“[T]he publications of Paul Kurtz’s
Affirmations is welcome and timely…this eloquent and comprehensive summary of humanism as 'joyful and creative exuberance’ is, simply put, the most stirring and useful manifesto presently available, both for humanists themselves and for those wondering what modern secular humanism amounts to in practice…Paul Kurtz’s manifesto is a healthy reminder of why the principles of secular humanism matter and of how we can enrich our lives and the lives of those around us by making them matter in action.”
In this optimistic, life-affirming book, philosopher Paul Kurtz succinctly outlines the main characteristics of happiness. Centered on human concerns and employing rational and scientific methods to determine objective truth, Affirmations is dedicated to the development of individual potential.
Emphasizing that the good life is achievable by everyone, Kurtz has coined the term eupraxsophy,
based on Greek roots and meaning “good conduct and wisdom in living.” By using critical thinking, he shows how wisdom can be applied to a life of commitment and passion.
Regarding the perennial search for happiness, Kurtz affirms that secularism holds great promise. Through creative action in the pursuit of goals focused on the enhancement of human welfare, each person has the best chance of realizing a meaningful life of joyful exuberance.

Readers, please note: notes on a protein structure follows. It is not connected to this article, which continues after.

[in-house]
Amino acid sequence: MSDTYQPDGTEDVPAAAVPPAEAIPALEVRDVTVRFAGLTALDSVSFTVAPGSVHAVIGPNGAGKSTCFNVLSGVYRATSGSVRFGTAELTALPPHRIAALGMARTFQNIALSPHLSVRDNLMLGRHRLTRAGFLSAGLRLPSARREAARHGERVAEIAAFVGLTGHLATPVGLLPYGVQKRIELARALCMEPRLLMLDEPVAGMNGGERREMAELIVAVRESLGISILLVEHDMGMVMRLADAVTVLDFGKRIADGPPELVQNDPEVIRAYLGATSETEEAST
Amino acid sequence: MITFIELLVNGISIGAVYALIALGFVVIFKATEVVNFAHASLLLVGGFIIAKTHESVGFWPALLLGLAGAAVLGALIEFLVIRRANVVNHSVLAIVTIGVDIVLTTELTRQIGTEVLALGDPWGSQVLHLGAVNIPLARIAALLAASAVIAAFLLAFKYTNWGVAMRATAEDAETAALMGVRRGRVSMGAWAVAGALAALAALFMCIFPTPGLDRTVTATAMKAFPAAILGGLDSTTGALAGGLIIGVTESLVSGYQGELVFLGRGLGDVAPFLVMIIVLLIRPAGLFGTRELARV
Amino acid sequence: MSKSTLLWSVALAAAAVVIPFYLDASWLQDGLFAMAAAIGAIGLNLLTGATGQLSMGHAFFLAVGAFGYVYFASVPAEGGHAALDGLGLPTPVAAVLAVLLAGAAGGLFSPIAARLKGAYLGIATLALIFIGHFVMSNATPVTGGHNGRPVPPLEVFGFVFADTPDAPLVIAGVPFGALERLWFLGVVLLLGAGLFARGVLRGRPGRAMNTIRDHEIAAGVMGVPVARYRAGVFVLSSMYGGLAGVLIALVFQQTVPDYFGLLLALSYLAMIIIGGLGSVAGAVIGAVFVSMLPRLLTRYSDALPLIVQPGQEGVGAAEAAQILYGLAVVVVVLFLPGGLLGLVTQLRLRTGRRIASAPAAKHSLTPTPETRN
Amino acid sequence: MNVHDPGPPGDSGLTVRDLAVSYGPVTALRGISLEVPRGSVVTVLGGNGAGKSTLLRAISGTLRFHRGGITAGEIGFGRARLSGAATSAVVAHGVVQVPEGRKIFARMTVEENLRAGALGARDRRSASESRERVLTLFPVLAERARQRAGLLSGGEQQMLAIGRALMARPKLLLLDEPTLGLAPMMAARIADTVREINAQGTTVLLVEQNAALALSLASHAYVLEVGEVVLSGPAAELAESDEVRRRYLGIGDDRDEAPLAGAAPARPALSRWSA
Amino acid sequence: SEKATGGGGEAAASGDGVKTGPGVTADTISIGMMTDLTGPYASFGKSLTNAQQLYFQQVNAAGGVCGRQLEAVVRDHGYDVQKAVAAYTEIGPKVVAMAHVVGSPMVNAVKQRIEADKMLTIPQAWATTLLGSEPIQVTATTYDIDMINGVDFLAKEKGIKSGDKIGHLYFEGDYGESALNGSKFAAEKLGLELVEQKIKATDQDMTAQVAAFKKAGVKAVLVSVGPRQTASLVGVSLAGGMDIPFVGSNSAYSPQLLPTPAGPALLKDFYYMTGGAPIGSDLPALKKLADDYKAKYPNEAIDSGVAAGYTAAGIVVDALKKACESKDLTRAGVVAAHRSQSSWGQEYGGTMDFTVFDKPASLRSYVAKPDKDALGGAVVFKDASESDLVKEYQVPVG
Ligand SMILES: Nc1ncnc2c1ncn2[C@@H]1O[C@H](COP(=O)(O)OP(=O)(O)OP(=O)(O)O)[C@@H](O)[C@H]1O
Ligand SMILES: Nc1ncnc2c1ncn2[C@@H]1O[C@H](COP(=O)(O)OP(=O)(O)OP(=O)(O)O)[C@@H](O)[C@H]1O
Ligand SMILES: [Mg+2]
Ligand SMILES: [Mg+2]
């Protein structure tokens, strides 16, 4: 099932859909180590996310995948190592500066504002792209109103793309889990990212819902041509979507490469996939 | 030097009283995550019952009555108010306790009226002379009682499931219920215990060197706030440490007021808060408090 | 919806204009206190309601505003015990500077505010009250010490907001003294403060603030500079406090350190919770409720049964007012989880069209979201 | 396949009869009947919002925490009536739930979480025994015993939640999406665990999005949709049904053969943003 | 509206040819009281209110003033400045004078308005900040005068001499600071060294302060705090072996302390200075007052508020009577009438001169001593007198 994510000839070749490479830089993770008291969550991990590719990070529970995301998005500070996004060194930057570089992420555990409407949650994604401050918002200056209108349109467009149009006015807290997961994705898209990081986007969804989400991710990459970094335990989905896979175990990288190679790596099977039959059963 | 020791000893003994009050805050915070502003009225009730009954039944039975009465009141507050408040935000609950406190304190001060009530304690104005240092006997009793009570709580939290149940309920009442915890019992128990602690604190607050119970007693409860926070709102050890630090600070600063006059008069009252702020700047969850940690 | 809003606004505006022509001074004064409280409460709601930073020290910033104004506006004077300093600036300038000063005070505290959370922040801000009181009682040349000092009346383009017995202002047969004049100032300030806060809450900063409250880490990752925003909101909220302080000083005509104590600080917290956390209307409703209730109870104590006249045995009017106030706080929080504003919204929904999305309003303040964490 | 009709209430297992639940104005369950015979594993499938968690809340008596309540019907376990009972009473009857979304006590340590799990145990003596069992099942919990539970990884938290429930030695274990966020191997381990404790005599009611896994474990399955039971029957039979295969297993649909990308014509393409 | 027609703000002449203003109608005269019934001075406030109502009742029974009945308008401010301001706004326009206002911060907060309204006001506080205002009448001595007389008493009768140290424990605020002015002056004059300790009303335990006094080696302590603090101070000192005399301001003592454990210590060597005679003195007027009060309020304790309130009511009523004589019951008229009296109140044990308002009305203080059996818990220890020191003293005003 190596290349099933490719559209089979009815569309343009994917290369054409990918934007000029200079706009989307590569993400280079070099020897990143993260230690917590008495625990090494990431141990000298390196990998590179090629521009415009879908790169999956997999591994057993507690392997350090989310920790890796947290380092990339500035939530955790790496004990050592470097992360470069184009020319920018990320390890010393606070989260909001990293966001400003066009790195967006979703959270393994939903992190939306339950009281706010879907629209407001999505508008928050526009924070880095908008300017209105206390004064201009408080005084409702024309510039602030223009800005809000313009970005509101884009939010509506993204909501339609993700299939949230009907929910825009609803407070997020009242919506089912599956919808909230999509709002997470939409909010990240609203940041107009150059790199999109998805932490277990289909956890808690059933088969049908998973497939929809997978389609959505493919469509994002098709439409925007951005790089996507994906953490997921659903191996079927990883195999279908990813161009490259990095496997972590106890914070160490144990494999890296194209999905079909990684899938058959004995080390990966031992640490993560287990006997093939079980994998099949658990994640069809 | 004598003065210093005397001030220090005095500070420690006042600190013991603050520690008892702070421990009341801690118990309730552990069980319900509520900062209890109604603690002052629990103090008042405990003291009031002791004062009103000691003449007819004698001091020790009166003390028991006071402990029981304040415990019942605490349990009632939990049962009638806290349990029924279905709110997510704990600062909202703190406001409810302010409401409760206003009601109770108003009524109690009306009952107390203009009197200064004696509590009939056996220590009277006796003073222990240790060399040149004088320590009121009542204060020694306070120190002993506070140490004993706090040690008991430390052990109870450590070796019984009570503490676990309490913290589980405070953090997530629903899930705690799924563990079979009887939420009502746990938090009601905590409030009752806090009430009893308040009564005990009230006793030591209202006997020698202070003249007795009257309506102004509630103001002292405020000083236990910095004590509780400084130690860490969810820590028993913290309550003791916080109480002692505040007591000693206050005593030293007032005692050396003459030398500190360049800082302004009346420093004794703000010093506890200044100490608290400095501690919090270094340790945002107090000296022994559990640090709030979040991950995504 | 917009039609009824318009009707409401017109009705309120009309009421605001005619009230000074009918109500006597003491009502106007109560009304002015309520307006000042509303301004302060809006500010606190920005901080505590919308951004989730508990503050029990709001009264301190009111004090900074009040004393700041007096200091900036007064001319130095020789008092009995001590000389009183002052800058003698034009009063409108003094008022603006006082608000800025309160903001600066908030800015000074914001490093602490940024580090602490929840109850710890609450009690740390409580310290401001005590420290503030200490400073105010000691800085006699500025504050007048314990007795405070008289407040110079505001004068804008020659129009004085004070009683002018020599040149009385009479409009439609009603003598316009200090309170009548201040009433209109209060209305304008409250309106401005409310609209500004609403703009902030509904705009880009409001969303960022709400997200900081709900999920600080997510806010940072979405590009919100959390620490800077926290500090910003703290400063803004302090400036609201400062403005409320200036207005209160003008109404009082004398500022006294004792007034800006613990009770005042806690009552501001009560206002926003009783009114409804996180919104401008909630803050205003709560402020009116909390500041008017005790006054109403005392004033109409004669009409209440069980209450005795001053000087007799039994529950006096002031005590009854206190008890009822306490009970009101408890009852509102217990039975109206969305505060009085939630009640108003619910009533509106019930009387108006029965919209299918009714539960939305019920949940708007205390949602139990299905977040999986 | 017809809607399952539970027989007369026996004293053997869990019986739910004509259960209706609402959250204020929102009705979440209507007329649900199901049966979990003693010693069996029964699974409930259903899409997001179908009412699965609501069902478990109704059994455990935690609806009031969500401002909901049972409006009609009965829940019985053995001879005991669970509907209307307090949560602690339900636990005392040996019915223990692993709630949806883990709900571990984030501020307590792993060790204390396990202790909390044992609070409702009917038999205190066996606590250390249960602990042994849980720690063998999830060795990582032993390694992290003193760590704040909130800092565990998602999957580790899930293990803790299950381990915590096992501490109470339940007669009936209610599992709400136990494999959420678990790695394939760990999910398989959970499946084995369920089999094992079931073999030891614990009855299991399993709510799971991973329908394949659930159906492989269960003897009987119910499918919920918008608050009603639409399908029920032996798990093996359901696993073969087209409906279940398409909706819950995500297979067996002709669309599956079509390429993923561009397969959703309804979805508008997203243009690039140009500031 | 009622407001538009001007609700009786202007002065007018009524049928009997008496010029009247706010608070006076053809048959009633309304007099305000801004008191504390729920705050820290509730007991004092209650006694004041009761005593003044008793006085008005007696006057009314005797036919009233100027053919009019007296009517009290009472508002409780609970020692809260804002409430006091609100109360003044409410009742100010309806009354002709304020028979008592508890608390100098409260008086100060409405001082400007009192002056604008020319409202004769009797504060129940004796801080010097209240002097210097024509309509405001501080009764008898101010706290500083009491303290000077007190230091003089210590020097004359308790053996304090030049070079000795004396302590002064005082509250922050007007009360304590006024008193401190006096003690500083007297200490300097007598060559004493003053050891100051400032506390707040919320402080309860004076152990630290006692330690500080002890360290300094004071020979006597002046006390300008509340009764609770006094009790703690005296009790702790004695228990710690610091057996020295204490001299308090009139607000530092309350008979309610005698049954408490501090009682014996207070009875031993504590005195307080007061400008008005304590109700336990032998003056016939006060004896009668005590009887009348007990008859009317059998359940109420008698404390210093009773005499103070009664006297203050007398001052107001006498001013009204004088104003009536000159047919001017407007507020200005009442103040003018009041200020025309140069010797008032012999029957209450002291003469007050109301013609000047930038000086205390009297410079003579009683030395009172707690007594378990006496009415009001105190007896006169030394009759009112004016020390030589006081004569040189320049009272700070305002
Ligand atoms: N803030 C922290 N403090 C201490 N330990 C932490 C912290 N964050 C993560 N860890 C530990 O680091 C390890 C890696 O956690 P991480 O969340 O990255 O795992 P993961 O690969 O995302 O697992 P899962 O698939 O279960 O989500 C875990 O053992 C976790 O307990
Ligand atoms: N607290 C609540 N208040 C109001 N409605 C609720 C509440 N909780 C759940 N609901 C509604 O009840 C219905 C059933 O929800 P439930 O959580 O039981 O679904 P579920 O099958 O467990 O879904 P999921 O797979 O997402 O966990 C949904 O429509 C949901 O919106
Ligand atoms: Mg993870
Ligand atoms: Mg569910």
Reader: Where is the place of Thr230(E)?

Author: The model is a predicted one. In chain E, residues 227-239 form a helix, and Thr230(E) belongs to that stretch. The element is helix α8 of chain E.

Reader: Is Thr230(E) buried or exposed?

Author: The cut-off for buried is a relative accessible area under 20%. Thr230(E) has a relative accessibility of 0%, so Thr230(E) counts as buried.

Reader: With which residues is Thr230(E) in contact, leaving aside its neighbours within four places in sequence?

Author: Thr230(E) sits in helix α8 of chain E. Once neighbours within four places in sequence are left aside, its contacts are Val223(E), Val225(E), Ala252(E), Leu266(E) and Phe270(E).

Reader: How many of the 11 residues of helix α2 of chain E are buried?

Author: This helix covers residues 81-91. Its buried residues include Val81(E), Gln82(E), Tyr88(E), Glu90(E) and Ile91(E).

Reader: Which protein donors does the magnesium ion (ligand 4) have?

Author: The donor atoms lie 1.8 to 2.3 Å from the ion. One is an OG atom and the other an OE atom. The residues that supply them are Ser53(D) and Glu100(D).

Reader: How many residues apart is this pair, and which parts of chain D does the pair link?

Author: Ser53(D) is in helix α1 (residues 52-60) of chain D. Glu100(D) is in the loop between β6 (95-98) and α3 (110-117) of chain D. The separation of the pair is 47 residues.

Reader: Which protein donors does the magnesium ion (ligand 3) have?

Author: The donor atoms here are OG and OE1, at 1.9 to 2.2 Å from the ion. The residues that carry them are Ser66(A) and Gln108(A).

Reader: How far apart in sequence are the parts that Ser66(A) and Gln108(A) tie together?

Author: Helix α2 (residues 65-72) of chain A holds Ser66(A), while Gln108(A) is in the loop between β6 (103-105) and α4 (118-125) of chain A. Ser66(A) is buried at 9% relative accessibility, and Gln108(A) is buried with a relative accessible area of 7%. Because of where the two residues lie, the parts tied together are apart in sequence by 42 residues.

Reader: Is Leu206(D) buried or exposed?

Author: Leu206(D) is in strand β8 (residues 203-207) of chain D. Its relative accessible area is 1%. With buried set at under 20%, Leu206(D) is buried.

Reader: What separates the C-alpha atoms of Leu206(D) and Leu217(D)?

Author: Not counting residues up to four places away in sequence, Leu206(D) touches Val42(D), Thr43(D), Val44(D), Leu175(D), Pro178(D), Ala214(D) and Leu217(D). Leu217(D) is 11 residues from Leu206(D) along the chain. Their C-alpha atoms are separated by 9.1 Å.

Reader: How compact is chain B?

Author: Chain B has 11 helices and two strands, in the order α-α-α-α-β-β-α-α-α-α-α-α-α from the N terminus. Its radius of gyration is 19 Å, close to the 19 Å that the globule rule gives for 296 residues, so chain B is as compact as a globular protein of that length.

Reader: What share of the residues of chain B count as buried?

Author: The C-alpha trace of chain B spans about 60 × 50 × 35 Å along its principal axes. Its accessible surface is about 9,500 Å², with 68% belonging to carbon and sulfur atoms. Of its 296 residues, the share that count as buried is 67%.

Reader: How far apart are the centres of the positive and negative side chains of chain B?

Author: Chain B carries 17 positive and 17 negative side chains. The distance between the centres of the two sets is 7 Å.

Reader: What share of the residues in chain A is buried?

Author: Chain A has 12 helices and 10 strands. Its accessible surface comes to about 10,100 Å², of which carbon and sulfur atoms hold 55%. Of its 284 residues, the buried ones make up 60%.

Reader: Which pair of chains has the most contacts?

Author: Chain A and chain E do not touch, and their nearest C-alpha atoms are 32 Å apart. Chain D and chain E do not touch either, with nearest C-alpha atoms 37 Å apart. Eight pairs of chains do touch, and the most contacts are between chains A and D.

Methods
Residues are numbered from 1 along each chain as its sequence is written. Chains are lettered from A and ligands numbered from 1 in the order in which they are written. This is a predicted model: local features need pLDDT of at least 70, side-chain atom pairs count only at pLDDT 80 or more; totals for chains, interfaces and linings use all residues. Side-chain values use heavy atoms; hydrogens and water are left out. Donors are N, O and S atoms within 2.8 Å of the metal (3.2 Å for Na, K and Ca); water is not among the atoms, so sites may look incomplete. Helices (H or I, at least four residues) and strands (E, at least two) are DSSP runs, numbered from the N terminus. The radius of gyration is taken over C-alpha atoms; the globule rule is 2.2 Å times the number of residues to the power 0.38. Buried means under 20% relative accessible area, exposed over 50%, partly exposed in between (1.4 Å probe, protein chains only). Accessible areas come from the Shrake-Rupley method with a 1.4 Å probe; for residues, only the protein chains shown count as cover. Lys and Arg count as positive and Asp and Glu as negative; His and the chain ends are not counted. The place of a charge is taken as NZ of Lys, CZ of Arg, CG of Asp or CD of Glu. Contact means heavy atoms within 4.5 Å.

Kurtz goes on to show how this realistic and fulfilling life stance is expressed in various human endeavors:
- achieving excellence
- joyful exuberance
- being a good parent
- loving another person
- a good marriage or civil union
- finding meaning in life
- striving for a beloved cause
- facing death with courage
- creating a planetary community
Book Binding: Paperback
Shipping Weight: 1lbs
Paul Kurtz (1925-2012), professor emeritus of philosophy at the State University of New York at Buffalo and a fellow of the American Association for the Advancement of Science, was the author or editor of more than fifty books, including The Transcendental Temptation, The Courage to Become, and Embracing the Power of Humanism, plus nine hundred articles and reviews. He was the founder and chairman of the Institute for Science and Human Values and Prometheus Books. He was also the founder and chairman emeritus of the Center for Inquiry, the Council for Secular Humanism, and the Committee for Skeptical Inquiry. He appeared on many major television and radio talk shows and lectured at universities worldwide.